• We do not find the channels through which occupation employment shifts are expected to affect the wage distribution to be consistent with the job task analysis. The most important results compare, within each time period: (a) employment growth by occupation percentile (ranked by mean occupational wages); (b) wage growth across occupation percentile (using the same ranking scheme); and (c) wage growth across wage percentiles of the overall distribution. According to the jobs task approach, these three trends should be consistent; occupation employment shifts should drive occupation wage shifts which, in turn, should drive overall wage shifts. The trends we observe, however, are frequently inconsistent with this chain of effects and, in fact, differ in important ways from the jobs task predictions. In the 1980s, observed occupation employment shifts are consistent with wage equalization, which did not occur, and the growth of occupational wage differentials are far more muted than they are for overall wages. In the 2000s, occupational employment shifts are consistent with a contraction of occupational wage differentials in the bottom half, but the overall wage distribution became more unequal in the bottom half. The presumed mechanisms by which occupational employment shifts affect wages do not operate as imagined in the job tasks analysis.
  • As Acemoglu and Autor (2011, 2012) note, the canonical model implies that the relative demand for college graduates decelerates after 1992, which “does not accord with common intuitions regarding the nature or pace of technological changes occurring in this era” (Acemoglu and Autor 2011, 2012). In fact, occupation-driven estimates of relative demand for college graduates (or “college equivalents”) are totally consistent with a deceleration of relative demand. The “common intuition” is not supported by the data and the clear implications of Acemoglu and Autor’s analysis. This, along with other findings, suggests that technological change has been adverse for important segments of college graduates and the average college graduate since the early or mid-1990s.

This paper makes several empirical contributions to the overall wage inequality literature and, particularly, to the examination of occupational employment trends:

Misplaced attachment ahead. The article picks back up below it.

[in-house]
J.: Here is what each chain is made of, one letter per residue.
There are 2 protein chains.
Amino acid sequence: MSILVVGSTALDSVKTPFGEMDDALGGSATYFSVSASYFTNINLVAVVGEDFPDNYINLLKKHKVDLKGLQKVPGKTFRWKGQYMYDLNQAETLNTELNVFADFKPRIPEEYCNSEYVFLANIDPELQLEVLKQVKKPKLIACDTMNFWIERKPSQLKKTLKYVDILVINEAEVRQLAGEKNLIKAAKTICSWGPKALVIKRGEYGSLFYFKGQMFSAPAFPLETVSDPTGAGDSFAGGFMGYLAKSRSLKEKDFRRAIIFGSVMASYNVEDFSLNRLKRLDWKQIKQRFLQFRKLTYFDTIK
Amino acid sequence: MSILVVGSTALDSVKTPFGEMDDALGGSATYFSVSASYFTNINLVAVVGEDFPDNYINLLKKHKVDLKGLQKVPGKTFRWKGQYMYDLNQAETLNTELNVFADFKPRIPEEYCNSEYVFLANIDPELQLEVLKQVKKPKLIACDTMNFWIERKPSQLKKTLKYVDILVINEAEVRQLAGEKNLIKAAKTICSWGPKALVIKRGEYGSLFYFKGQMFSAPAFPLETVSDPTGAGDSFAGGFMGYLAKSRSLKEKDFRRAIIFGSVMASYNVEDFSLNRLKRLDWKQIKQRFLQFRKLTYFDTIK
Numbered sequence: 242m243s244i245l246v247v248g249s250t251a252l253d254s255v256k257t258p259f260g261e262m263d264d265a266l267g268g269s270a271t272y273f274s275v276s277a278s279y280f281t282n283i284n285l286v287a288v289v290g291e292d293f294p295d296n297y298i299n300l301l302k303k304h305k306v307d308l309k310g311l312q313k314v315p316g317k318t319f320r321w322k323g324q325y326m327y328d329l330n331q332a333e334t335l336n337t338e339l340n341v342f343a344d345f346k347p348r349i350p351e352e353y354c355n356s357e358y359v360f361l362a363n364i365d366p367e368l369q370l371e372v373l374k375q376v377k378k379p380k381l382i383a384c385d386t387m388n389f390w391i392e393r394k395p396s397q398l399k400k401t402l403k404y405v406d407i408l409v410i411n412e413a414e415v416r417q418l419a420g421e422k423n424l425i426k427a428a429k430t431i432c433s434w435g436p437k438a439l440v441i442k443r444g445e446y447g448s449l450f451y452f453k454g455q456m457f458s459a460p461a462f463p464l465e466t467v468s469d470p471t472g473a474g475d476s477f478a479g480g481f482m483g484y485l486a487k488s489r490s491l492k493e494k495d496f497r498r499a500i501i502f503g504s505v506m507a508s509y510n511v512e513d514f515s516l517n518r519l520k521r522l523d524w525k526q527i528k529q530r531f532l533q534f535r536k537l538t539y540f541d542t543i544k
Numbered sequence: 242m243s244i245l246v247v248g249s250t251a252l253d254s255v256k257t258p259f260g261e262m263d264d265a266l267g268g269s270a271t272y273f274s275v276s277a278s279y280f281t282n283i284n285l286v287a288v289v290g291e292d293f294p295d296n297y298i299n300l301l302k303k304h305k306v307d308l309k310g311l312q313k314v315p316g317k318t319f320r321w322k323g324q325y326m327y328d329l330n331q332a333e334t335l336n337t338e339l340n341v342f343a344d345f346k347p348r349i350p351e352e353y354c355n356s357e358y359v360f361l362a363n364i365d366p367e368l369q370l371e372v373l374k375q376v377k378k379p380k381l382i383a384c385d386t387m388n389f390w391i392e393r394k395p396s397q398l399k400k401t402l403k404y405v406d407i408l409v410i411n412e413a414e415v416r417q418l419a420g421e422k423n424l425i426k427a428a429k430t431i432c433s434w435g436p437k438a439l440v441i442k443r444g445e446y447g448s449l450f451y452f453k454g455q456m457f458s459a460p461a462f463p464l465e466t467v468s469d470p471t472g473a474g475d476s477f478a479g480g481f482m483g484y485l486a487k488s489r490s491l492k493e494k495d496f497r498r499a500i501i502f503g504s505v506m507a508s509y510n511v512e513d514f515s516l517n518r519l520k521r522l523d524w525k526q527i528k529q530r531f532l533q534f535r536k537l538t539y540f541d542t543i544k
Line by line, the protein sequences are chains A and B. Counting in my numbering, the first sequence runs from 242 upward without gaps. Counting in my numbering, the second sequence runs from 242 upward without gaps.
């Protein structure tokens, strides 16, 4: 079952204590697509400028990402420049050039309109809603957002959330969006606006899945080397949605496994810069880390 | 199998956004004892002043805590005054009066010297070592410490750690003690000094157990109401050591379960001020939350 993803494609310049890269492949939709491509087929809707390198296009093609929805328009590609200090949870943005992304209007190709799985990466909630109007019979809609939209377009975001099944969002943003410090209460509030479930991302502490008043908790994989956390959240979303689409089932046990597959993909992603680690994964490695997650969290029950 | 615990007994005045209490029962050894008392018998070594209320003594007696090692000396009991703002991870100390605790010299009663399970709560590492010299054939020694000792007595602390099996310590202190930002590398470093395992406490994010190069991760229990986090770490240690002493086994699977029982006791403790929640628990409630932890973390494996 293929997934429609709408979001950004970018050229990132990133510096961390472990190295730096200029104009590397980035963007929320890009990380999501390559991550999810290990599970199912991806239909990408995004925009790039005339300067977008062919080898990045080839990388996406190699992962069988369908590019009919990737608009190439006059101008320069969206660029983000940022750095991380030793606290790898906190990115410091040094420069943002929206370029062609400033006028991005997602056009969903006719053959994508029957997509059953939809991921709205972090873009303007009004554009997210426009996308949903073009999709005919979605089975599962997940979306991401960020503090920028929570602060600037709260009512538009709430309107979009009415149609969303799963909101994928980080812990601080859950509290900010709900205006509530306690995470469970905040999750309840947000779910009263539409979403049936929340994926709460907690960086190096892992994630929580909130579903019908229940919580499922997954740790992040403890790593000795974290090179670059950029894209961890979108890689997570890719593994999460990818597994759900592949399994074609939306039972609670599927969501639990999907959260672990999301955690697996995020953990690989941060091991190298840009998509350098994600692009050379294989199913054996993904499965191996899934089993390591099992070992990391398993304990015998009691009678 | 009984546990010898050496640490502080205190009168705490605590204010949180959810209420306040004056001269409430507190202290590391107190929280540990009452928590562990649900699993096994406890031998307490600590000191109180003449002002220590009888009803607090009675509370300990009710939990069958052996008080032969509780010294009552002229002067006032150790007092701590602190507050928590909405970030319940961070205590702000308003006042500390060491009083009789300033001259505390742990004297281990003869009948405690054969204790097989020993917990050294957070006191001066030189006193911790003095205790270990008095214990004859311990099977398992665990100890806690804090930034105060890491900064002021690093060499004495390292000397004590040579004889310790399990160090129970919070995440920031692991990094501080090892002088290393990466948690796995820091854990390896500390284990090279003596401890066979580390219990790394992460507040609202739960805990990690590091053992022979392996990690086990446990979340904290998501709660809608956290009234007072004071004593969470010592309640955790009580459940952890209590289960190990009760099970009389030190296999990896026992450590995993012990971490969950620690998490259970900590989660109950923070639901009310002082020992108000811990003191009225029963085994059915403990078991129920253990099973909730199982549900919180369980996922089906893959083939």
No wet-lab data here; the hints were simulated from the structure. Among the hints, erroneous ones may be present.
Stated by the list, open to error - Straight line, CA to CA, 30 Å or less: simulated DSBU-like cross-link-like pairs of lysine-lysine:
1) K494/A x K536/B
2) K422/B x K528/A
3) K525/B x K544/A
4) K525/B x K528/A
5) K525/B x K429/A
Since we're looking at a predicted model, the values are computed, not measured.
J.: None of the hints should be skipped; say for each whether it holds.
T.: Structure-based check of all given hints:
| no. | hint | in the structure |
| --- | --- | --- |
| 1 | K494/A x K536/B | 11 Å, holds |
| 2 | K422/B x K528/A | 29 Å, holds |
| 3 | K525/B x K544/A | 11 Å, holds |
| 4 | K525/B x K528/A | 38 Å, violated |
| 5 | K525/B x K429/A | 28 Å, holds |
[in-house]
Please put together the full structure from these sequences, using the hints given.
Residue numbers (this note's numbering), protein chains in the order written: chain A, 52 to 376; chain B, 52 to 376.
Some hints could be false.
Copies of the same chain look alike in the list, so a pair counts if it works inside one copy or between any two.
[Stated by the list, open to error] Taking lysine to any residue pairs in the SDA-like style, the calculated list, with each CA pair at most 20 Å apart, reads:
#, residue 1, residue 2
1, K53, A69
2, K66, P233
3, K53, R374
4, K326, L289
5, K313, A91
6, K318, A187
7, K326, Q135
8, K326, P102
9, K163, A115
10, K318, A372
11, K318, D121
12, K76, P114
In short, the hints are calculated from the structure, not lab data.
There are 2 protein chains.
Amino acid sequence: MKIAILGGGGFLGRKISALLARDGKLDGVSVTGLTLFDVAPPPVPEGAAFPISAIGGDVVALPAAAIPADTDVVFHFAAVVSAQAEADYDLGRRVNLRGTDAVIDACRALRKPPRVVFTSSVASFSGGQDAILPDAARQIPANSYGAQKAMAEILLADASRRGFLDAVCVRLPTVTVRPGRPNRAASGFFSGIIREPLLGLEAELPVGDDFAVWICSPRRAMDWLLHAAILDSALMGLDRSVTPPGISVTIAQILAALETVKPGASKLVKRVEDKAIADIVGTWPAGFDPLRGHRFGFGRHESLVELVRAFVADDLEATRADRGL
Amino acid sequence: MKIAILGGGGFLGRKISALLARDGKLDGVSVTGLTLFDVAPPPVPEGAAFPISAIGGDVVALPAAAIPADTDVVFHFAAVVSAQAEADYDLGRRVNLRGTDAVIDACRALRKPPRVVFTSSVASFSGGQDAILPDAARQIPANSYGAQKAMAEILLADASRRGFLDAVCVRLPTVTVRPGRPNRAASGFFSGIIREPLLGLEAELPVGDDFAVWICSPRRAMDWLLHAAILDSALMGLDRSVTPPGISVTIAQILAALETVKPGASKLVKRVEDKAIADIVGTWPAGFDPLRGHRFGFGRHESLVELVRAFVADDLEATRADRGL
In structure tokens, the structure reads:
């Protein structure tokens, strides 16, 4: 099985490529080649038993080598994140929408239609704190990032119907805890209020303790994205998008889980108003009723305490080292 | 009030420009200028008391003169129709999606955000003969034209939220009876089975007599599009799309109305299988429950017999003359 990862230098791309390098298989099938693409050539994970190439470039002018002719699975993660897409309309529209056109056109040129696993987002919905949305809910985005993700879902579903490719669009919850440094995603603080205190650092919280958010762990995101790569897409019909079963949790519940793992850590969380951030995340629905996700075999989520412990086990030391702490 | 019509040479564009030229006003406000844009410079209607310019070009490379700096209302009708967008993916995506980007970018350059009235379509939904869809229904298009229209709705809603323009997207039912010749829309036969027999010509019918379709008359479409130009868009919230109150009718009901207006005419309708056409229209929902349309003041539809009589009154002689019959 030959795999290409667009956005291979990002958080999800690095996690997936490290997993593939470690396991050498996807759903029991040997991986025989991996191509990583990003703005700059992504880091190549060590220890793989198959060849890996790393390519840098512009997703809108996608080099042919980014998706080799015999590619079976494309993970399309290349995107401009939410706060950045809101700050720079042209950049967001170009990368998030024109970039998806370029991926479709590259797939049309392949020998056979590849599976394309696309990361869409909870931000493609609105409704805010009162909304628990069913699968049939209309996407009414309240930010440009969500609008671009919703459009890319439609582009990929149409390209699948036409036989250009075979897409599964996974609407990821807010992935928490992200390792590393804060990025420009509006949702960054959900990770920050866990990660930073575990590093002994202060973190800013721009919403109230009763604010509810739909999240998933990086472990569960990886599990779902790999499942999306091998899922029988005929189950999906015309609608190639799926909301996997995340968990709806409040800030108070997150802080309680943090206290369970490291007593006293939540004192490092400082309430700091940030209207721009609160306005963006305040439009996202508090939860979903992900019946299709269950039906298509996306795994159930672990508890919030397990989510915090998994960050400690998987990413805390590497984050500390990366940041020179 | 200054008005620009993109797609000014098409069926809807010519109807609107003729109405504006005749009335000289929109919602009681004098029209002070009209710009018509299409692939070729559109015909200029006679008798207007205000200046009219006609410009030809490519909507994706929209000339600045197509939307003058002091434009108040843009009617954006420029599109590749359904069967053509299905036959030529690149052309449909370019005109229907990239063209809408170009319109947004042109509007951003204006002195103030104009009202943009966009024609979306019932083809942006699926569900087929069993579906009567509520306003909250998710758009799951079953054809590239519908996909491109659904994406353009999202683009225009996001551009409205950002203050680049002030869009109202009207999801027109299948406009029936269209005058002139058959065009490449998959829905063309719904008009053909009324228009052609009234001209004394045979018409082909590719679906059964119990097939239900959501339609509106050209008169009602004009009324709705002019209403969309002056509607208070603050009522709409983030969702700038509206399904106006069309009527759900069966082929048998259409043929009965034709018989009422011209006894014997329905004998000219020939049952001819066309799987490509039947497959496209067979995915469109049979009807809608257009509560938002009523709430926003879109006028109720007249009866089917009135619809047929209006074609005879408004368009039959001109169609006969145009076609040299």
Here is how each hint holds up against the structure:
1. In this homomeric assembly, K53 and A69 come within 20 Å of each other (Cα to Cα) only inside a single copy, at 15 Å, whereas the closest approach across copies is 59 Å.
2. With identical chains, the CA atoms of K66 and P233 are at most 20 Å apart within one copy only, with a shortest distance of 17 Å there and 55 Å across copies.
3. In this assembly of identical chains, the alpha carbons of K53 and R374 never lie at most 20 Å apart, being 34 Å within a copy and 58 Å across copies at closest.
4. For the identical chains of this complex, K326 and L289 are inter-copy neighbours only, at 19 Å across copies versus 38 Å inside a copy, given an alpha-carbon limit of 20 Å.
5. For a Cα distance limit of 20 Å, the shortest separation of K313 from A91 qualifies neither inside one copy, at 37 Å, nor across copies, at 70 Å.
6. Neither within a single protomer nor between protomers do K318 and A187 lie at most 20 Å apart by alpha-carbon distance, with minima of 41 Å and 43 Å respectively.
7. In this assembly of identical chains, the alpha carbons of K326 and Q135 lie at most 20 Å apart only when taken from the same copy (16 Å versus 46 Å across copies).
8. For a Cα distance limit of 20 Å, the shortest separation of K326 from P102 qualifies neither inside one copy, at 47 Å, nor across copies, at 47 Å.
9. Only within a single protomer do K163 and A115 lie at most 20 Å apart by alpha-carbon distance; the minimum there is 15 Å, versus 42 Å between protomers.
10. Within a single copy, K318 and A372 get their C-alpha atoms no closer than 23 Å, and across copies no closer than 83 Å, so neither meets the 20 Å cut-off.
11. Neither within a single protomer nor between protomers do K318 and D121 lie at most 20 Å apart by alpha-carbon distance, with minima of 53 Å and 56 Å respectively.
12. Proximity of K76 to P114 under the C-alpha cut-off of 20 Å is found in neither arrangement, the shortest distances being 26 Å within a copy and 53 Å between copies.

• Our analysis provides a new source of data, the Current Population Survey (CPS), to the analysis of occupational employment trends;
  • The use of the CPS allows us to examine annual occupational employment trends, which have previously not been examined;
  • The use of annual data allows us to identify and assess the mismeasurement due to discontinuities resulting from occupation coding changes in 1983 and 2003. These discontinuities are still evident in the data even though employment trends are measured with “consistent” detailed occupation crosswalks; and
  • Our analysis examines the goodness-of-fit of the smoothed lines used to describe job polarization trends.

Explaining wage inequality without SBTC

We offer an explanation of rising wage inequality since 1979 that includes no role for SBTC. Rather, SBTC is seen as generating the ongoing occupational upgrading and associated greater employer needs for more educated and skilled workers, an upgrading that has been present in the economy for many decades. In our view, the substantially increased need for education and skills has been met by the increased supply of education and skills.

Changing wage differentials have been driven by economic policy in acts of omission and commission. While the canonical model focuses on two types of workers (more- and less-educated, usually operationalized as college- and non-college-educated) and the newer task-based models focus on three types of workers (low-, middle-, and high-skilled workers performing routine and non-routine cognitive and manual tasks), our explanation concentrates on workers at four key points in the wage distribution: the bottom (10th percentile), middle (50th percentile), top (90th percentile), and the very top (the 95th to 98th percentile and above).

Our explanation emphasizes that, over each of the last three decades, different policies, ranging from macroeconomic (fiscal, exchange rate, and monetary policies that affect unemployment and trade) and trade policy to financialization and those policies affecting institutions and particular sectors (unionization, the minimum wage, trade policy, deregulation, etc.) had different effects on workers at each of the four points in the wage distribution. Given the different timing and size of wage changes for men and women at each of these four points in the respective wage distributions, we pay particular attention to the fact that the importance of some institutions differed significantly by gender.